Recognize and Treat Melanoma

Melanoma begins when malignant cells form in the outer layers of the skin. It can spread deeper into the skin and eventually to other parts of the body. It is the most serious type of skin cancer, currently the fifth most common in men and the seventh most common in women.

Malignant Melanoma - Gallacher

Malignant Melanoma

What Does Melanoma Look Like?

Recognizing Skin Cancer - Gallacher

Recognizing Melanoma

  • Asymmetry: melanoma is often not symmetrical
  • Irregular borders: melanoma often does not have a defined border
  • Differences in color: colors may range from white or gray to blue, red, brown, and black (some lesions have more than one color in them)
  • Diameter: most typical moles are less than 6 mm in diameter; melanoma can grow much larger
  • Changes in the color, shape, and size of a mole or other skin lesion, or a mole that oozes or bleeds
  • Satellite moles: new moles that pop up near an existing one

Risk Factors and Prevention

Although anyone can get melanoma, certain risk factors have been identified:

  • Prolonged exposure to UV rays (sunlight, tanning beds, and sun lamps)
  • Repeated sunburns
  • Fair skin with freckles
  • Blond or red hair, and blue or green eyes
  • Having a large number of moles, or atypical moles
  • Weakened immune system
  • Family history of melanoma

You cannot do much about your eye color or skin type, but you can take some preventative measures:

  • Avoid prolonged exposure to UV rays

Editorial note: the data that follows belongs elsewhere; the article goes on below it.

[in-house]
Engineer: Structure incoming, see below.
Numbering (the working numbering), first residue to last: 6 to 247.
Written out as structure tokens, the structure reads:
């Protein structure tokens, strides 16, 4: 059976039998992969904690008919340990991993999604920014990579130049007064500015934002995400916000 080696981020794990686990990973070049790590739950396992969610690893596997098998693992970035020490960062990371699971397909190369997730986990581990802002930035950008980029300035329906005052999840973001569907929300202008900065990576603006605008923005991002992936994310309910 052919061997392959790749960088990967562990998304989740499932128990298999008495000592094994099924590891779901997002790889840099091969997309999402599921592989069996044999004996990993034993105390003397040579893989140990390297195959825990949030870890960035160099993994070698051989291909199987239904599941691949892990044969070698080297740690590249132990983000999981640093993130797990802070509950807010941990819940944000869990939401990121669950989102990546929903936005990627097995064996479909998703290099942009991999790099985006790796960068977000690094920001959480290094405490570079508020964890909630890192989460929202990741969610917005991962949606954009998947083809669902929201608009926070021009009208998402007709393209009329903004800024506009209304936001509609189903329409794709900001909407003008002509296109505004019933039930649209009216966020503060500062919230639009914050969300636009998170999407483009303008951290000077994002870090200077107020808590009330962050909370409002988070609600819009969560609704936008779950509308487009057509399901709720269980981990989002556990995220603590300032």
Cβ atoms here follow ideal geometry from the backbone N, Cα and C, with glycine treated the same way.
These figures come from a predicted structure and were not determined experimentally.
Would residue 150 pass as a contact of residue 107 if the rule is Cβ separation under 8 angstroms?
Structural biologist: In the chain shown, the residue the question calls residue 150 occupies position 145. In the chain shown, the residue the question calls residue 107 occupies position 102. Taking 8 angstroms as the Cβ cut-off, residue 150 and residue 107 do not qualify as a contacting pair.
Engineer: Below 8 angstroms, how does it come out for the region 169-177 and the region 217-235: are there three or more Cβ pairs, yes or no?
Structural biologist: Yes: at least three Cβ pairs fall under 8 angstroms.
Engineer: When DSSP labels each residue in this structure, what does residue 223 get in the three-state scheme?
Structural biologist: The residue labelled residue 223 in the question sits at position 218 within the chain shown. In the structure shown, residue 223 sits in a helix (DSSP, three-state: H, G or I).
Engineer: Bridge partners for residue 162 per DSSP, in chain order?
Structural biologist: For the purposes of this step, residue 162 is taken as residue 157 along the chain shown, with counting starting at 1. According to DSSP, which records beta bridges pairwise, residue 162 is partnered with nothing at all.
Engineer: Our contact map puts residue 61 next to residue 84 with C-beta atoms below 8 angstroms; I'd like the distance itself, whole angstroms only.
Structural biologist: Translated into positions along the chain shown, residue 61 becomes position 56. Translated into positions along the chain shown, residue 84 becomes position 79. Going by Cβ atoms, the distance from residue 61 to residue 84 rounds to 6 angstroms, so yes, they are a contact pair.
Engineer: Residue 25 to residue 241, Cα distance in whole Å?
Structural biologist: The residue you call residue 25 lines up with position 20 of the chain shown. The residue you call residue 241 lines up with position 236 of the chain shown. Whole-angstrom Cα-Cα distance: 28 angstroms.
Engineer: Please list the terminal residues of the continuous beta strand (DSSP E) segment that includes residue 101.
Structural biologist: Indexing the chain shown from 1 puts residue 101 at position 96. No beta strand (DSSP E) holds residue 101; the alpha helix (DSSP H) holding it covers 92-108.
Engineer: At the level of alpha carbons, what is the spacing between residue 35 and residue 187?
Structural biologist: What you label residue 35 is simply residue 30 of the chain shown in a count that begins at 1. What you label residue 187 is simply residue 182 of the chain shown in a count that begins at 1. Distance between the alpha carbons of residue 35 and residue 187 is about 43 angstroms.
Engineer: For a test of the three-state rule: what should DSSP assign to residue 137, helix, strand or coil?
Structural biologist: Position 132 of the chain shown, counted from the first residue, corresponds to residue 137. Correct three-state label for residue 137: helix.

• Use a 30+ SPF sunscreen (Dermatology and Laser Centre offers an excellent selection of medical grade skin care products with SPF.)
  • Do regular self-examinations (once a month is good)
  • See your doctor annually (or immediately if you find a suspicious looking lesion anywhere on your body)

Treatment Options

There are several procedures for treating melanoma. Traditional surgery involves making a wide excision to remove the tumor and a margin of normal skin around it. Mohs micrographic surgery involves first removing the visible part of the tumor. Then thin layers are cut from the tissue beneath it and immediately examined. Repeated layers of tissue are removed until no further signs of cancer can be found.

Treatment options for melanoma vary depending on the stage and location of the tumor, as well as the patient’s age and overall health. Most early-stage melanoma can be successfully treated; the key is to recognize the signs, get a diagnosis and begin treatment as soon as possible.